[The number of cases is not stated nor is the serotype of _Salmonella enterica_. - ProMED Mod.LL]

[HealthMap/ProMED-mail map of France:
Date: Mon 15 Jul 2019
Source: Daily Mail [edited]

Holidaymakers heading to France have been warned about a green tide of potentially toxic sea lettuce possibly having killed 2 men in under a week. An 18 year old oyster farmer died in Morlaix Bay last Saturday [6 Jul 2019], and a 70 year old retiree passed away in Douarnenez Bay on Tuesday [9 Jul 2019].

The Brittany beauty spots where the unidentified men apparently succumbed to heart attacks "in minutes" are hugely popular with tourists, including thousands who arrive from the UK at this time of year.

Jean-Philippe Recappe, the Brest prosecutor, confirmed fears had been raised about possible hydrogen sulphide poisoning caused by decomposing sea lettuce, or _Ulva lactuca_. Six beaches in the area are currently closed because of the green algae producing a smell like rotting eggs. [_U. lactuca_ is actually an algae grown in large sheet or leaflike formations resembling lettuce and has, at times, been referred to as seaweed. - ProMED Mod.TG] The colourless gas can attack nervous and respiratory systems inside the human body, paralysing breathing and then causing death.

Commenting on the death of the apparently healthy teenager at Morlaix, Mr Recappe said: "The cause of death has not yet been determined since the results of toxicological and pathological analysis is not yet known." Mr Recappe said all visitors to the beaches needed to be aware of the potential dangers caused by the algae.

Fears about sea lettuce were 1st raised as early as the 1970s, after wild animals, including boars, appeared to succumb to the fumes, along with horses and pet dogs.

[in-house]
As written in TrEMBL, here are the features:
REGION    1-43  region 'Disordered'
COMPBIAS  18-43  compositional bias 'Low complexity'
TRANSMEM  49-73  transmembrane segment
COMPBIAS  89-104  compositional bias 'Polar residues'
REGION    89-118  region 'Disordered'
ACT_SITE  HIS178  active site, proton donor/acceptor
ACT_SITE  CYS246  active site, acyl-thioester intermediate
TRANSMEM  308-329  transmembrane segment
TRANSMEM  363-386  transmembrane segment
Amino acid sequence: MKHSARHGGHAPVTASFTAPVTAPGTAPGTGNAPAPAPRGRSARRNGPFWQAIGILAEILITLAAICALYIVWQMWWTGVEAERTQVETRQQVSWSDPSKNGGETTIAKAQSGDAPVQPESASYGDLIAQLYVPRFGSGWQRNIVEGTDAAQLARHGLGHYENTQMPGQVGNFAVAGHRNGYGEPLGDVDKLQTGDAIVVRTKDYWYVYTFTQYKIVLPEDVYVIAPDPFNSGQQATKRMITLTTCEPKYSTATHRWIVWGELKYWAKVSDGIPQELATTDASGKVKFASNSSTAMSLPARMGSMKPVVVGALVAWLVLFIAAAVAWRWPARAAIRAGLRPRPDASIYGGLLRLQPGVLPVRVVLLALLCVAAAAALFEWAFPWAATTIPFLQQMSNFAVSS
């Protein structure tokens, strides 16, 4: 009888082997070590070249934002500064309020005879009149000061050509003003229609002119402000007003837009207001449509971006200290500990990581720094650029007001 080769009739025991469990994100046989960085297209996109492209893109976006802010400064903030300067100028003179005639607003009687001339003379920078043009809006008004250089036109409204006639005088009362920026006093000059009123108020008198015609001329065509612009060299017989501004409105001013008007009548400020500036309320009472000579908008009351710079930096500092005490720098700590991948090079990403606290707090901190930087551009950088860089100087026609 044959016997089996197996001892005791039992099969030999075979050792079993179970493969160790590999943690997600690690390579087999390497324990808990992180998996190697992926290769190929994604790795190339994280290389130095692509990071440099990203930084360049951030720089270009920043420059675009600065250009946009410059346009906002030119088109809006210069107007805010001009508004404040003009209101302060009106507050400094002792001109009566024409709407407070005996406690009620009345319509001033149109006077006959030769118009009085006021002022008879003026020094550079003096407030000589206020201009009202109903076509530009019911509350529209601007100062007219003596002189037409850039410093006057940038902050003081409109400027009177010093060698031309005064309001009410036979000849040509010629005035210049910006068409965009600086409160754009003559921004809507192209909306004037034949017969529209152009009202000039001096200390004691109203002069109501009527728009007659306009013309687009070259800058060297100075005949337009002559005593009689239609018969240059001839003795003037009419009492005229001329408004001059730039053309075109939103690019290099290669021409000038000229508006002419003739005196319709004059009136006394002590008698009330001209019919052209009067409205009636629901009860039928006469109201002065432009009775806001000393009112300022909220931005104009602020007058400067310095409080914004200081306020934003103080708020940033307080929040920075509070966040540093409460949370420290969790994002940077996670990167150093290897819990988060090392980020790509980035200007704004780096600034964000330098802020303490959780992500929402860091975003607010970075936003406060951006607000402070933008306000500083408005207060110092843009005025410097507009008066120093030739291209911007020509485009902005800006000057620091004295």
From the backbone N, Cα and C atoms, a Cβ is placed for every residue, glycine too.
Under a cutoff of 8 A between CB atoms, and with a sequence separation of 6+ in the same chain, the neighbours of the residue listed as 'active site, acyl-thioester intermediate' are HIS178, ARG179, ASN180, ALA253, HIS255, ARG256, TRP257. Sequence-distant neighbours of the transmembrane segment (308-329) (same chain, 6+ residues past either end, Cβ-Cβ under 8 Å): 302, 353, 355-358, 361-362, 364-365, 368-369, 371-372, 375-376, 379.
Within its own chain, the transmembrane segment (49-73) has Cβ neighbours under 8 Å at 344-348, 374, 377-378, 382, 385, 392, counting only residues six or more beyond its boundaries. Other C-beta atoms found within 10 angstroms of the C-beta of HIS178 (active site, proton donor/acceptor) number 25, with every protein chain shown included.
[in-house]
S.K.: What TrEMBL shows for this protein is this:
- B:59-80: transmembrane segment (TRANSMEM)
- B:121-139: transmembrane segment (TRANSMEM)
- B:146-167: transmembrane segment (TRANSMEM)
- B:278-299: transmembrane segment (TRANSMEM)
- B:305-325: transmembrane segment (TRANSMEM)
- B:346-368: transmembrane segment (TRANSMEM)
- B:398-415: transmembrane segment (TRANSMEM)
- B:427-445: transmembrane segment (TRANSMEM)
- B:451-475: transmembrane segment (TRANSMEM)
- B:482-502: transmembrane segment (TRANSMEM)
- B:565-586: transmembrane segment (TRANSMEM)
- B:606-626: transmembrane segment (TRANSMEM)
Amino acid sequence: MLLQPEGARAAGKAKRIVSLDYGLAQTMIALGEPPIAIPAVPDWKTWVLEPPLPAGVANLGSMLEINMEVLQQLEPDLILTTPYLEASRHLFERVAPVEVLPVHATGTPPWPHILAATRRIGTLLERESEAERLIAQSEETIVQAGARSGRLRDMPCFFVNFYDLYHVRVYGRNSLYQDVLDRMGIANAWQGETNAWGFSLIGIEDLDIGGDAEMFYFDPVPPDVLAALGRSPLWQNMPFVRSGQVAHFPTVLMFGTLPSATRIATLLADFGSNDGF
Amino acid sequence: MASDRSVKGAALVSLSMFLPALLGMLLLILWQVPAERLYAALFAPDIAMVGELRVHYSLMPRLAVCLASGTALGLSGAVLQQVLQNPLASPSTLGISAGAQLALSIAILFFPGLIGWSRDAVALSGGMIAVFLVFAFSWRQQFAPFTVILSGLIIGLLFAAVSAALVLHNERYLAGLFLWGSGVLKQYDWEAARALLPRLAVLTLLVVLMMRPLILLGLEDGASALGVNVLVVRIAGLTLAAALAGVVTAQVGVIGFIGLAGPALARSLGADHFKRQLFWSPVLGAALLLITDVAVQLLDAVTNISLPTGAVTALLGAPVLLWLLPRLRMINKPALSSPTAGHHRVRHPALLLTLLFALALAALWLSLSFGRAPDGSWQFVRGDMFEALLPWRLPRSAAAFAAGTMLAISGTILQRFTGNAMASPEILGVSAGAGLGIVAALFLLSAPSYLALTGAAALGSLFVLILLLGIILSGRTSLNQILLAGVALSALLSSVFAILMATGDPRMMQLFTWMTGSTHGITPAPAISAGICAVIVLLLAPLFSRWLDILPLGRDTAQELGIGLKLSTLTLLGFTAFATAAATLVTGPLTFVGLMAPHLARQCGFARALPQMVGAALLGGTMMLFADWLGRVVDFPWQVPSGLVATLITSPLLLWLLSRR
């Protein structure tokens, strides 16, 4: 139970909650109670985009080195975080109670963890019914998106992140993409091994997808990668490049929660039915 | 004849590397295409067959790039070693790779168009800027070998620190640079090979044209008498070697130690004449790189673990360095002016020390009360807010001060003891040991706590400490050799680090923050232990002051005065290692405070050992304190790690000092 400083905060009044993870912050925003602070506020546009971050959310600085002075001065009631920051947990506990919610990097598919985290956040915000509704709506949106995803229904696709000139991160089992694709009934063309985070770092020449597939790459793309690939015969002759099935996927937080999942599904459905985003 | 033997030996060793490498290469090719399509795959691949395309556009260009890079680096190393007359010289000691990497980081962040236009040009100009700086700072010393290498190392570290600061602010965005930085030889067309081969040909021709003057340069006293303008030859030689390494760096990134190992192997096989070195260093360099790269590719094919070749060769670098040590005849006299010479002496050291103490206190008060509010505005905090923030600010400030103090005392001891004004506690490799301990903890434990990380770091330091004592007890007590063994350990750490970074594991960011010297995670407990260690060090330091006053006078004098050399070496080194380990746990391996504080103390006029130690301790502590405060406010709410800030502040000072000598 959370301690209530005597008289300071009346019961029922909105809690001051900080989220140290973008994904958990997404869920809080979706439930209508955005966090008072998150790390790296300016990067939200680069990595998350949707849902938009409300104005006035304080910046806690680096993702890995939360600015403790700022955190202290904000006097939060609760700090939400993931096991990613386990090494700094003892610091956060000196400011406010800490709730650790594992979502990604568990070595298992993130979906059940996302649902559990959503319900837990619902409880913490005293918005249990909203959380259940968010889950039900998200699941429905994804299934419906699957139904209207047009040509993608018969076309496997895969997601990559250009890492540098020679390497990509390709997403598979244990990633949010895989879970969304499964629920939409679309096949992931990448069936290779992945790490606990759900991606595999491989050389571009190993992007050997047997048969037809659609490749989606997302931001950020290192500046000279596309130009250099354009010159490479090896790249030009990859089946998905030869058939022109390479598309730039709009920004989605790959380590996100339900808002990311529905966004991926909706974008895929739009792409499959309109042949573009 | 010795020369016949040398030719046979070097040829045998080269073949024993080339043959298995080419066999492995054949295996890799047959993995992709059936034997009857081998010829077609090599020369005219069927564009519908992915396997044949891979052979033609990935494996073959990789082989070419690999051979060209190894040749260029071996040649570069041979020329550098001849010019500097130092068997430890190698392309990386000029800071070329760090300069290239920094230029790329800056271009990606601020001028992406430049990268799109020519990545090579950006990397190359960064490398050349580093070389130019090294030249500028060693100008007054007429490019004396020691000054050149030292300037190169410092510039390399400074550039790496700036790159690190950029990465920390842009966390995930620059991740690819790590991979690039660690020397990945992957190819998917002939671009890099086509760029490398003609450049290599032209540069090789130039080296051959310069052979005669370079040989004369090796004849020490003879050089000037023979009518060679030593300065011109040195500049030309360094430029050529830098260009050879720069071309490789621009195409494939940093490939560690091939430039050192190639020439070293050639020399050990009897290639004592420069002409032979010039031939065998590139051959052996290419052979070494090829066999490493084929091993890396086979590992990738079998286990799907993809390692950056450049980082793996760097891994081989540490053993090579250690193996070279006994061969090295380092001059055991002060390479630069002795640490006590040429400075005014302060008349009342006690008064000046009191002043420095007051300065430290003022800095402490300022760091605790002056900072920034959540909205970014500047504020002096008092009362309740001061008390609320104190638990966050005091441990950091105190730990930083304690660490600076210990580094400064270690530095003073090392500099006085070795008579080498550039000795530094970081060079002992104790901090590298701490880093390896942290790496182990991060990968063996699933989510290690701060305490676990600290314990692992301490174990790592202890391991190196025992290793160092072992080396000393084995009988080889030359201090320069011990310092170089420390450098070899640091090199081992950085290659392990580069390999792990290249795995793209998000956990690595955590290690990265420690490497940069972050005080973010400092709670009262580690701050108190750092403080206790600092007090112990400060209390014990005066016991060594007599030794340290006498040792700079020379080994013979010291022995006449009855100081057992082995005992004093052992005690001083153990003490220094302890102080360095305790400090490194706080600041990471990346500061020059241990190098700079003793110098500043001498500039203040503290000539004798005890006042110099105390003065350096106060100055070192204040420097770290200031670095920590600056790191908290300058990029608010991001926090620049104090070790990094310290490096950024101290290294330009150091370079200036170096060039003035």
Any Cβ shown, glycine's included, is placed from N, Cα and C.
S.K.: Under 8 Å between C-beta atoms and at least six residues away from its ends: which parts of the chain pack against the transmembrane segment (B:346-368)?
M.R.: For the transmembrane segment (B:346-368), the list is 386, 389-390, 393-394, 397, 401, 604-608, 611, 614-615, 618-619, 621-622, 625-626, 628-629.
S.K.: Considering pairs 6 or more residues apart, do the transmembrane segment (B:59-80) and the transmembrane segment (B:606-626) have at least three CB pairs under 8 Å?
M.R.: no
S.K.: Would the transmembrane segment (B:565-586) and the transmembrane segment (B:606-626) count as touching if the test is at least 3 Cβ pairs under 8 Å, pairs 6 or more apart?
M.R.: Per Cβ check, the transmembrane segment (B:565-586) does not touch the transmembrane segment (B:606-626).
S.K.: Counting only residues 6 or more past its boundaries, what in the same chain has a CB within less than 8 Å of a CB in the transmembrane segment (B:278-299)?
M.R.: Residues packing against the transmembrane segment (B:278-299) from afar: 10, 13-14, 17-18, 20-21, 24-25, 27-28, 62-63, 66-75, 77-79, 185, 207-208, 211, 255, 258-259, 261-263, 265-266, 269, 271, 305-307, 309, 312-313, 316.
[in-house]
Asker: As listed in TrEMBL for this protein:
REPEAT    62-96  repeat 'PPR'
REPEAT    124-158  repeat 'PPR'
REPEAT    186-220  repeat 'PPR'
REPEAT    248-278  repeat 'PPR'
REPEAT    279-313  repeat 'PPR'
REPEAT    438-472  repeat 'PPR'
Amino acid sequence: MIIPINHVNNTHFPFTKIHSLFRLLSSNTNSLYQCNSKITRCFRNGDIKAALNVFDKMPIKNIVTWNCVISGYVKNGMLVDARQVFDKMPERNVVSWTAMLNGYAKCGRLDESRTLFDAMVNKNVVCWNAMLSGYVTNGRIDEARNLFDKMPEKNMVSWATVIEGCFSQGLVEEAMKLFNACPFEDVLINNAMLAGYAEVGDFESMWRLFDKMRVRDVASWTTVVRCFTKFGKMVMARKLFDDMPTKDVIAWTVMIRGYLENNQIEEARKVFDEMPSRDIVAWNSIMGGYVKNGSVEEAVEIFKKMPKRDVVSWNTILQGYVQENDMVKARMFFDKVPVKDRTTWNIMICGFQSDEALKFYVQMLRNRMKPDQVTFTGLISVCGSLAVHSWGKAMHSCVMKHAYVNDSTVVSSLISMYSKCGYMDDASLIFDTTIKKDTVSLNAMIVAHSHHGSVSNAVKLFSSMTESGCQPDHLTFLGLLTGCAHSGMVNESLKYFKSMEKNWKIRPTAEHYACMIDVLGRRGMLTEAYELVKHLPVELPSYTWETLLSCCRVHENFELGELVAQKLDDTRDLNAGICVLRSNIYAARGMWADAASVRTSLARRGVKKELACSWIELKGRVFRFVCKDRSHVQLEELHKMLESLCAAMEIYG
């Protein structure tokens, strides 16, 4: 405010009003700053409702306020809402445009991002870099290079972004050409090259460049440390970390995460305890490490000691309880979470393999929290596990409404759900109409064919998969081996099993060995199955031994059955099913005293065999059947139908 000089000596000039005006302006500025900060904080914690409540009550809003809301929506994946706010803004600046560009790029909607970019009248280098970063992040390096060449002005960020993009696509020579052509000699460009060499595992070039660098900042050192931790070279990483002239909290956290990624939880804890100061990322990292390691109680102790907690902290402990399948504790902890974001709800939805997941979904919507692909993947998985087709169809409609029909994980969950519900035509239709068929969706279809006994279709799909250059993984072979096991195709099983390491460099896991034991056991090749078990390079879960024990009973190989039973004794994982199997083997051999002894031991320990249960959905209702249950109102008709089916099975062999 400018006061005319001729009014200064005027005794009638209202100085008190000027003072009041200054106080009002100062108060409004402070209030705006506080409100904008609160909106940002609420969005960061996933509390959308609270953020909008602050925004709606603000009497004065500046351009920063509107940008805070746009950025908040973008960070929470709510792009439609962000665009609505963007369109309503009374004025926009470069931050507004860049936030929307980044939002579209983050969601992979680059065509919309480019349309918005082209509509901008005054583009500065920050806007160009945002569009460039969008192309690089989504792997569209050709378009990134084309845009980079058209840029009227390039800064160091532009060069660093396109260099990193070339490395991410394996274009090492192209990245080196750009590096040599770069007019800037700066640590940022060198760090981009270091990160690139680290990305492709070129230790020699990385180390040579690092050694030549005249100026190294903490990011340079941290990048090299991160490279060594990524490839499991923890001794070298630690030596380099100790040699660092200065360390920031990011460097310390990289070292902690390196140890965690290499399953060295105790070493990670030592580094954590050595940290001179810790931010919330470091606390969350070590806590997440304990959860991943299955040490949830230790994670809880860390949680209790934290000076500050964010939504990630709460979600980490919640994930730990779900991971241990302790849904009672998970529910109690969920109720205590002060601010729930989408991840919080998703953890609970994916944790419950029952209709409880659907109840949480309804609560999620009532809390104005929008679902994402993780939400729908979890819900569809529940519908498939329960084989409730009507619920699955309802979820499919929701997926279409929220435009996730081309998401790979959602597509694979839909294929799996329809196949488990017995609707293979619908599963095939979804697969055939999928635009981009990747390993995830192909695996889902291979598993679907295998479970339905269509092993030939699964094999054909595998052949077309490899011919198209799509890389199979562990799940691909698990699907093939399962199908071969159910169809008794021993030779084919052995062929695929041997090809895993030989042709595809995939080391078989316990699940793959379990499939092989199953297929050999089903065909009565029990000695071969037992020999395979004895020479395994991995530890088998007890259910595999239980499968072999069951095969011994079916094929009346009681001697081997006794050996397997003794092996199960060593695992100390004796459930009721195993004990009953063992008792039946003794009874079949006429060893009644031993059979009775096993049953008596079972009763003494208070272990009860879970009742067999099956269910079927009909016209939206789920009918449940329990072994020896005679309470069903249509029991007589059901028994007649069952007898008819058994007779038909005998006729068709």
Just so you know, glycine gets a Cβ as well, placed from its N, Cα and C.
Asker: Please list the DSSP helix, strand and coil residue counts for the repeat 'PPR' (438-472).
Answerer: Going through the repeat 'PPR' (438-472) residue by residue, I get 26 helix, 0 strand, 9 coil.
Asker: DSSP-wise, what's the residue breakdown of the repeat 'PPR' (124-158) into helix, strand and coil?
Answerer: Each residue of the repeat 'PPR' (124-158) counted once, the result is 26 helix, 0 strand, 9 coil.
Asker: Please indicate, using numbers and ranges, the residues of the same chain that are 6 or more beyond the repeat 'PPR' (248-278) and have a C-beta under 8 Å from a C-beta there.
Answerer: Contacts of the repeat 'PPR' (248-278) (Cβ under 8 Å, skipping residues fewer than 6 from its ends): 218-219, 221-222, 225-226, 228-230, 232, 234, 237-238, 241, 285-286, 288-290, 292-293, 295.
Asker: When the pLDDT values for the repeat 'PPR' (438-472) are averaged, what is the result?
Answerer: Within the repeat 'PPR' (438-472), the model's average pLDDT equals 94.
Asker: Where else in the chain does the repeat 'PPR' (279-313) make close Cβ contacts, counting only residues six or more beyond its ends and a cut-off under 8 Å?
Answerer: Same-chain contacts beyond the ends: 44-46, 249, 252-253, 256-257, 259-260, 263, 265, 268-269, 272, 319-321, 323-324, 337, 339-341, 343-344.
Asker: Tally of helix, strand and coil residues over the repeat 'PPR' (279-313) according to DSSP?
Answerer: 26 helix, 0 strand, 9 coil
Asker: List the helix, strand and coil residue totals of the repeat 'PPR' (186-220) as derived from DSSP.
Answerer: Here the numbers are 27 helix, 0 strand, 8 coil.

_U. lactuca_, or sea lettuce, is found all over the world. It is usually found on sheltered rocks and shores, and in other pools of shallow water. This sea lettuce is light green and translucent, and can grow up to 7.1 inches (18 cm) in length. [Some sources indicate it may grow larger than mentioned here. The size may be dependent upon location, nutrients, temperatures, etc. - ProMED Mod.TG]

Large amounts of the algae are found in Brittany, France, which thrives in brackish waters. The area in Brittany is perfect for the sea lettuce because nitrates used in farming get washed out to sea. Sea lettuce becomes dangerous when it washes up on beaches because its decay produces hydrogen sulphide and other gases. Prolonged exposure to the gases can cause nausea, altered breathing, and eventually death.

Accusations about a public health scandal intensified in 1989 when an emergency doctor in Lannion, Brittany, questioned the cause of death of a jogger. His body was found tangled up in a mass of seaweed on the beach at Saint-Michel-en-Greve, with the whistleblower complaining the autopsy results were never made public.

The problem is now thought to be getting far worse because of compounds full of nitrogen caused by industrial farming. They build up in excrement from the animals on pig and poultry farms, and then wash out to sea where algae builds up before ending up back on beaches as a green tide. Workmen tasked with cleaning up the algae are also known to have become extremely ill. [Perhaps these individuals should be provided with protective equipment. - ProMED Mod.TG]

A runner collapsed and died in Jersey in 2017 after training on a Brittany beach covered in rotting seaweed where some 36 boars had also suddenly died. Nine experts, including 4 toxicologists, said seaweed was to blame, and now environmentalists are calling for all such suspicious deaths to be investigated. Ines Leraud, a French author who has carried out extensive work on the subject, said: "There should be systematic tests, just as there are tests for alcohol when there is a road accident."  [byline: Peter Allen]
[Sea lettuce (_Ulva lactuca_)
- Appearance: green seaweed, sheetlike in appearance. Can be white or black when dry. Ranges in size from 6 inches to 2 feet.
- Habitat: high and low intertidal zones; water to 75 feet deep.
- Seasonal appearance: all year, with large blooms in the summer.